LORTZ v. SWARTFAGER

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District Court of Appeal, First District, Division 3, California.

M. E. LORTZ and Evelyn Dorn Lortz, Plaintiffs and Appellants, v. Bryce SWARTFAGER, General Logging Co., Inc., Stevenson Equipment Co., Inc., Defendants and Respondents.

Civ. 20985.

Decided: October 18, 1963

McKenzie, Arata & Murphy, Santa Rosa, for appellants. Lounibos & Lounibos, Petaluma, for respondents.

Plaintiff appeals from judgment for defedant in this action for cancellation of instruments.

In April, 1958, plaintiff sought loans from defendant Swartfager and Frank Stevenson. He deeded to Swartfager property owned by plaintiff in Kansas, and thereafter received some $1,300 in loans. In July, an agreement was executed by which: Swartfager acknowledged that the deed to him was given as security only; he and Stevenson extended plaintiff's time to repay them; plaintiff acknowledged that General Logging Co., Inc. (in which he held a one-third interest) owned $25,000 to defendant Stevenson Equipment Co., Inc. on open account, guaranteed its payment, and agreed that the deed should secure that guaranty. The agreement also recited indebtedness of General Logging on conditional sales contracts. In October, General Logging wanted to buy another piece of equipment from Stevenson Equipment, and to obtain credit for repair work to be done. The July agreement was then amended to increase plaintiff's guaranty from $25,000 to $35,000.

In November, 1959, Stevenson Equipment repossessed the vehicles it had sold to General on conditional sales contracts, and General ceased operations. Stevenson Equipment never has sued upon General's open account with it and neither Swartfager nor Frank Stevenson has sued for the amounts loaned to plaintiff.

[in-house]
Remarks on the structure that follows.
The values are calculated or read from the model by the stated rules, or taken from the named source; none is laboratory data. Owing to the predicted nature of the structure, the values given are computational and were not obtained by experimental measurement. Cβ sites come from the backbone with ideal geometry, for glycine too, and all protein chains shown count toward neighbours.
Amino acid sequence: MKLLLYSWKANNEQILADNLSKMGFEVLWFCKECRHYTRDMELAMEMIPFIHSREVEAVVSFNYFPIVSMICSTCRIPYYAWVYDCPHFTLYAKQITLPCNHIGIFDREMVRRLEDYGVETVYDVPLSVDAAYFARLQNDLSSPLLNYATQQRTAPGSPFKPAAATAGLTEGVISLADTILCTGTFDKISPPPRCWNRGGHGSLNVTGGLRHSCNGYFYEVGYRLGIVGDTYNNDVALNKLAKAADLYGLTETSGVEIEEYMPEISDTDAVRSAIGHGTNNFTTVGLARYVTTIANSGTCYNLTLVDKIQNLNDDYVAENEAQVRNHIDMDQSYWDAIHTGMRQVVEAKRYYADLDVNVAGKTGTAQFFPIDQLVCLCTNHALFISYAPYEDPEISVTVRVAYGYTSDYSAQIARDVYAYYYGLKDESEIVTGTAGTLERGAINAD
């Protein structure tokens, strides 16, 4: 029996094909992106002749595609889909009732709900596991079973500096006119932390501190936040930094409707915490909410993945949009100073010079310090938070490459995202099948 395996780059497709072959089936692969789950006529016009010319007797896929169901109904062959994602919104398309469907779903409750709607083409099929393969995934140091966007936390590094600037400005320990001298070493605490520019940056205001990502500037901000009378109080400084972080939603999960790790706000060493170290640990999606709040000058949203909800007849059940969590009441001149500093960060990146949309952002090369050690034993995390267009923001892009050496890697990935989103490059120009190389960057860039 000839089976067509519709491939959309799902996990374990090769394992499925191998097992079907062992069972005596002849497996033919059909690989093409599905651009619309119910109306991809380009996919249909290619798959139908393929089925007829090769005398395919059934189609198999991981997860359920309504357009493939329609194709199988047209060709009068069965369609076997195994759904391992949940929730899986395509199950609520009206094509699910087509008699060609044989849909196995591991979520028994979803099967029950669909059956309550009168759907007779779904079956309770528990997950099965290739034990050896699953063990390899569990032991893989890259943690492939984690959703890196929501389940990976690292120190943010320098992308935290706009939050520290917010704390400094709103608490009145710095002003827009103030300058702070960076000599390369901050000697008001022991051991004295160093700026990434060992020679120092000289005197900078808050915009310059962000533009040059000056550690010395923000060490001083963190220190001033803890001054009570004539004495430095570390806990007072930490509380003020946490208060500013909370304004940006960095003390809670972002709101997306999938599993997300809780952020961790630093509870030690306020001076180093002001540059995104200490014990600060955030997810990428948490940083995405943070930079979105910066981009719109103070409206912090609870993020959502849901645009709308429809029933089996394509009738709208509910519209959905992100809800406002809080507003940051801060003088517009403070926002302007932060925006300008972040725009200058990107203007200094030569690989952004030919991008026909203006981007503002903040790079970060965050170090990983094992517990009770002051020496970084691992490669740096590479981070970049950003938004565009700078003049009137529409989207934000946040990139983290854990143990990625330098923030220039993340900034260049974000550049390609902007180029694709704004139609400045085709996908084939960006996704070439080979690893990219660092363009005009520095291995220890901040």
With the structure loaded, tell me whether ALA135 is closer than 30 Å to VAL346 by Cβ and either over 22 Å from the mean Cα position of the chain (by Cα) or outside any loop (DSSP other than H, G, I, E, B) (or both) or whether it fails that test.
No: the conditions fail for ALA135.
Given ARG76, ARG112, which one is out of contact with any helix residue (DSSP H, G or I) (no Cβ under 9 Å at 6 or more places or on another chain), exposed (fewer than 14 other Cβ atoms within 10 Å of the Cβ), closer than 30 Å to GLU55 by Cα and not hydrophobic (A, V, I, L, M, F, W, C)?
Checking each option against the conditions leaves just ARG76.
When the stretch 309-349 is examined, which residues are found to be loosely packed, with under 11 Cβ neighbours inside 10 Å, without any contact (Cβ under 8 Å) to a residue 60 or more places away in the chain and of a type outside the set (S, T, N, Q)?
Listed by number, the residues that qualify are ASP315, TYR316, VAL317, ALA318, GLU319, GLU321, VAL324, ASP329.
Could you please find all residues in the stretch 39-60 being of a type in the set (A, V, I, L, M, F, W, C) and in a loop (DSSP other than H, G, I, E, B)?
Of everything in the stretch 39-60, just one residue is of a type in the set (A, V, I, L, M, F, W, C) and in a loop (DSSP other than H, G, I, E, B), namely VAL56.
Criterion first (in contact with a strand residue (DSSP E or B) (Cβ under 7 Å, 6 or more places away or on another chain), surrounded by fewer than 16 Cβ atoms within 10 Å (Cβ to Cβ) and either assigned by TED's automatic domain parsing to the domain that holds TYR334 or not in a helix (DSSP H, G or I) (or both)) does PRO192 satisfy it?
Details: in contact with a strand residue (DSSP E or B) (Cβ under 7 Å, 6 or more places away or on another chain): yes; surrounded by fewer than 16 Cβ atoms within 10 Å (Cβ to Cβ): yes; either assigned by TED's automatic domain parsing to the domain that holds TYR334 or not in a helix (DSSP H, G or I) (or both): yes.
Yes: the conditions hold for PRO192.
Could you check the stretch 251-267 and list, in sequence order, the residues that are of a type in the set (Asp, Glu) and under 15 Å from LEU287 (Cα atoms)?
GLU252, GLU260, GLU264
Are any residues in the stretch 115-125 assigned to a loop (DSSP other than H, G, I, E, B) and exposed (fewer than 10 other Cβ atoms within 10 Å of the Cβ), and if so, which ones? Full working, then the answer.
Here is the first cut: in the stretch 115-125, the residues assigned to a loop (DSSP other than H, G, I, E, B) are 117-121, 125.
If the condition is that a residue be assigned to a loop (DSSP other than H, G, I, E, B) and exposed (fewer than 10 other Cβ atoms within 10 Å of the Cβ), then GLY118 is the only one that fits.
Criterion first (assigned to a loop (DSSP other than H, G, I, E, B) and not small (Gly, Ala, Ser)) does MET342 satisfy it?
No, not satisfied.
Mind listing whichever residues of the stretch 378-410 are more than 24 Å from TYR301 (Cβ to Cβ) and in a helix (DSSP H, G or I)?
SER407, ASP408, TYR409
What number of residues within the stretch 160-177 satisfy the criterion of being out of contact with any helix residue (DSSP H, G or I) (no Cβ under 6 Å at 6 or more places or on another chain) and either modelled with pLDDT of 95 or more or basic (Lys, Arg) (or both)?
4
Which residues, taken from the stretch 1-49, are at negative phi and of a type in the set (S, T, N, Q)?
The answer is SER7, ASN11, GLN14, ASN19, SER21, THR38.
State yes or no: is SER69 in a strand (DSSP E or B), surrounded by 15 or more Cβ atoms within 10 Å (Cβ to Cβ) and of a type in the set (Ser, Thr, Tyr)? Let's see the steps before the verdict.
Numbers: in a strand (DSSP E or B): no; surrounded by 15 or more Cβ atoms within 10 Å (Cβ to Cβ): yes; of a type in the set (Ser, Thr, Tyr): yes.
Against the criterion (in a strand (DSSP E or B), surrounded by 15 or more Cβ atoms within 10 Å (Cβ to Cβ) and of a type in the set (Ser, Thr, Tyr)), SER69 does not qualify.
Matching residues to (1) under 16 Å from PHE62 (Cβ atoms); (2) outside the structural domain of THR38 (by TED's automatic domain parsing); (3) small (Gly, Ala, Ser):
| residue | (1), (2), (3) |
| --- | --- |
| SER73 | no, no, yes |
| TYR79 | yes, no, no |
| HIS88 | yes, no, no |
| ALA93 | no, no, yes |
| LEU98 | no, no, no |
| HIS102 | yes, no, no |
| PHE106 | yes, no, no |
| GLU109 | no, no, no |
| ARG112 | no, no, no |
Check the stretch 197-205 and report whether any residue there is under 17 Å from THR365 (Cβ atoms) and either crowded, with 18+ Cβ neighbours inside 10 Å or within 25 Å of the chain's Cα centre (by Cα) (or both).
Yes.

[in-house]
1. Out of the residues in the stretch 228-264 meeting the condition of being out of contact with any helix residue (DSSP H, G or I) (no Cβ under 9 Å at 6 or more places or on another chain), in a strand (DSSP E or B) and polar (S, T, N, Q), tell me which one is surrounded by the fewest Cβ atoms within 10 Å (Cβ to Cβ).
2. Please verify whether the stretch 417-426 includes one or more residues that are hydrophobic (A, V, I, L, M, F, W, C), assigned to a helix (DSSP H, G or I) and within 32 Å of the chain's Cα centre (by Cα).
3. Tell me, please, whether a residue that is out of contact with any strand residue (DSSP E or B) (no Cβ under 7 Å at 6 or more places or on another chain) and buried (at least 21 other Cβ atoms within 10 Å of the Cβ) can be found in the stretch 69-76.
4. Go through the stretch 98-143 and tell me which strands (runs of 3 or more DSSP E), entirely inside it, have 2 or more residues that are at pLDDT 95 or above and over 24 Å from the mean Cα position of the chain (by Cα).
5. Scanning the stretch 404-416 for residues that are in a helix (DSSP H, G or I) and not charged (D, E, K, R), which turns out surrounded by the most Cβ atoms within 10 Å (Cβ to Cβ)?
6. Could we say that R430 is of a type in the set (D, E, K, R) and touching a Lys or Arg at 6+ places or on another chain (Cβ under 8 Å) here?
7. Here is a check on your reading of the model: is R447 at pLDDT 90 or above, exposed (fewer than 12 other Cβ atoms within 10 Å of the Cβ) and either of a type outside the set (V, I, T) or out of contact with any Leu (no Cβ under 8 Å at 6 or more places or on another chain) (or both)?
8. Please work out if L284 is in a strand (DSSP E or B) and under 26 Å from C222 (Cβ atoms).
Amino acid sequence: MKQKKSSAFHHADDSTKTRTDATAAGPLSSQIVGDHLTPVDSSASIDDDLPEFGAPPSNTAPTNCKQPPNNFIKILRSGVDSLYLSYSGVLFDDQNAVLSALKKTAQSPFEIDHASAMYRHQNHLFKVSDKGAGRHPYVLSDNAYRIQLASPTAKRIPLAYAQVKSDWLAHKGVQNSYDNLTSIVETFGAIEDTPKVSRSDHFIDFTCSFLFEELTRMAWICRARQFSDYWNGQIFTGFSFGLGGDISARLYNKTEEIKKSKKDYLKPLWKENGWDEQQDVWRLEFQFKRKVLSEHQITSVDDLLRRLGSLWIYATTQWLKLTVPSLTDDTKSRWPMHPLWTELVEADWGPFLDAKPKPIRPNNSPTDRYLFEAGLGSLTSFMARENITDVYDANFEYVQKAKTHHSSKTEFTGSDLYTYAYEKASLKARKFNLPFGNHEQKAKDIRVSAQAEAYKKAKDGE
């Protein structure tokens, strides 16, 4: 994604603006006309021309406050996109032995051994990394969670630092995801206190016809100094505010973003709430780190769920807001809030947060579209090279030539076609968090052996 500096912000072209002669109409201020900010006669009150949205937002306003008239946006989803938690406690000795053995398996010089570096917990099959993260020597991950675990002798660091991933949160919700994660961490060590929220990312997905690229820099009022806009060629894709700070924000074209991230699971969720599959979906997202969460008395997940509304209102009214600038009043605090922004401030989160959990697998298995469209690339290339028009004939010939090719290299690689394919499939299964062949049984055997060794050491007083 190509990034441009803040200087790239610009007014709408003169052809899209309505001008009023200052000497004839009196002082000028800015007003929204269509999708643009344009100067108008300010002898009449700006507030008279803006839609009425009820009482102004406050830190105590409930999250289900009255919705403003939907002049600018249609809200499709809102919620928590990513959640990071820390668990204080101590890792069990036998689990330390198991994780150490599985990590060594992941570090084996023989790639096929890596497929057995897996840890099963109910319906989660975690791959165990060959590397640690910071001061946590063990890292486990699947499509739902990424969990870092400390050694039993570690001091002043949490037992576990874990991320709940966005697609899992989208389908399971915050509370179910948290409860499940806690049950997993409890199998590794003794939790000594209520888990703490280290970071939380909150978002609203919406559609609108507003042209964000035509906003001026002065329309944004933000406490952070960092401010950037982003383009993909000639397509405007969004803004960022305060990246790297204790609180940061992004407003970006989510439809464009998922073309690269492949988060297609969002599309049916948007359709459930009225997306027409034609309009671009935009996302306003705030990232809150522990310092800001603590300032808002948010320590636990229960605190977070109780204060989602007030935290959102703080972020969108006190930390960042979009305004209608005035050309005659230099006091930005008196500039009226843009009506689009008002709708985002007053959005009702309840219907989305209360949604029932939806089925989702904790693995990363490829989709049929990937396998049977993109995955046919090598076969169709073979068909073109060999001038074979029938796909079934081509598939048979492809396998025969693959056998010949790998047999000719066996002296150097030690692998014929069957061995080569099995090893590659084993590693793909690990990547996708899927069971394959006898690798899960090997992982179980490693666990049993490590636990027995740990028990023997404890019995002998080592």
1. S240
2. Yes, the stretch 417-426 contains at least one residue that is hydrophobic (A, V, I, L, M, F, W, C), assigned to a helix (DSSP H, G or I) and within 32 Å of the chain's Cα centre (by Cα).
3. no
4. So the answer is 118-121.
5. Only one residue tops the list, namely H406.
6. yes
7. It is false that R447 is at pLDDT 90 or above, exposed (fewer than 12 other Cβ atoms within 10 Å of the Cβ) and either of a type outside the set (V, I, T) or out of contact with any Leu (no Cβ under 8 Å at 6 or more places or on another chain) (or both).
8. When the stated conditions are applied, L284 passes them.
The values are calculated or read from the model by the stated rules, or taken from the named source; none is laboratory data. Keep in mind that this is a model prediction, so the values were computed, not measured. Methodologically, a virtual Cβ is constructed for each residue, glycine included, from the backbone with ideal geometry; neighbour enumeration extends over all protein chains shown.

The complaint sought cancellation of the deed and both agreements, on the ground that they were obtained by misuse of a confidential relationship, and the further ground that all were without consideration. Plaintiff now concedes that the evidence, though conflicting, supports the findings against him on the first issue. On this appeal, he argues that the record shows that there was no consideration for any of the documents.

But plaintiff did receive loans from Swartfager and Stevenson as consideration for deeding the Kansas property as security. General Logging did receive, as consideration for the July agreement, an extension of time to pay its open account to Stevenson Equipment. That benefit was not frustrated by the November repossessions, since the extension specifically was limited to the open account, and as to that account was honored. Two considerations are shown for the October agreement. Stevenson Equipment did sell another piece of equipment to General thereafter, and the fact that the transfer was by conditional sale does not negate the effectiveness of the increased guaranty of the open account as consideration therefor. Also, additional repair work was performed, on credit, after the October increase of guaranty.

Plaintiff mistakenly assumes a finding that he owed Swartfager $3,000 in 1958. The finding is only that an unspecified amount was owed, and he concedes some indebtedness.

The finding that General owed $25,000 to Stevenson Equipment in 1958 is in accord with the written acknowledgement of plaintiff. No issue of accounting was presented or determined, and the finding does not purport, and cannot be construed, to determine that any amount is now due. Thus plaintiff's fear of res judicata is without basis.

Judgment affirmed.

DRAPER, Presiding Justice.

SALSMAN and DEVINE, JJ., concur.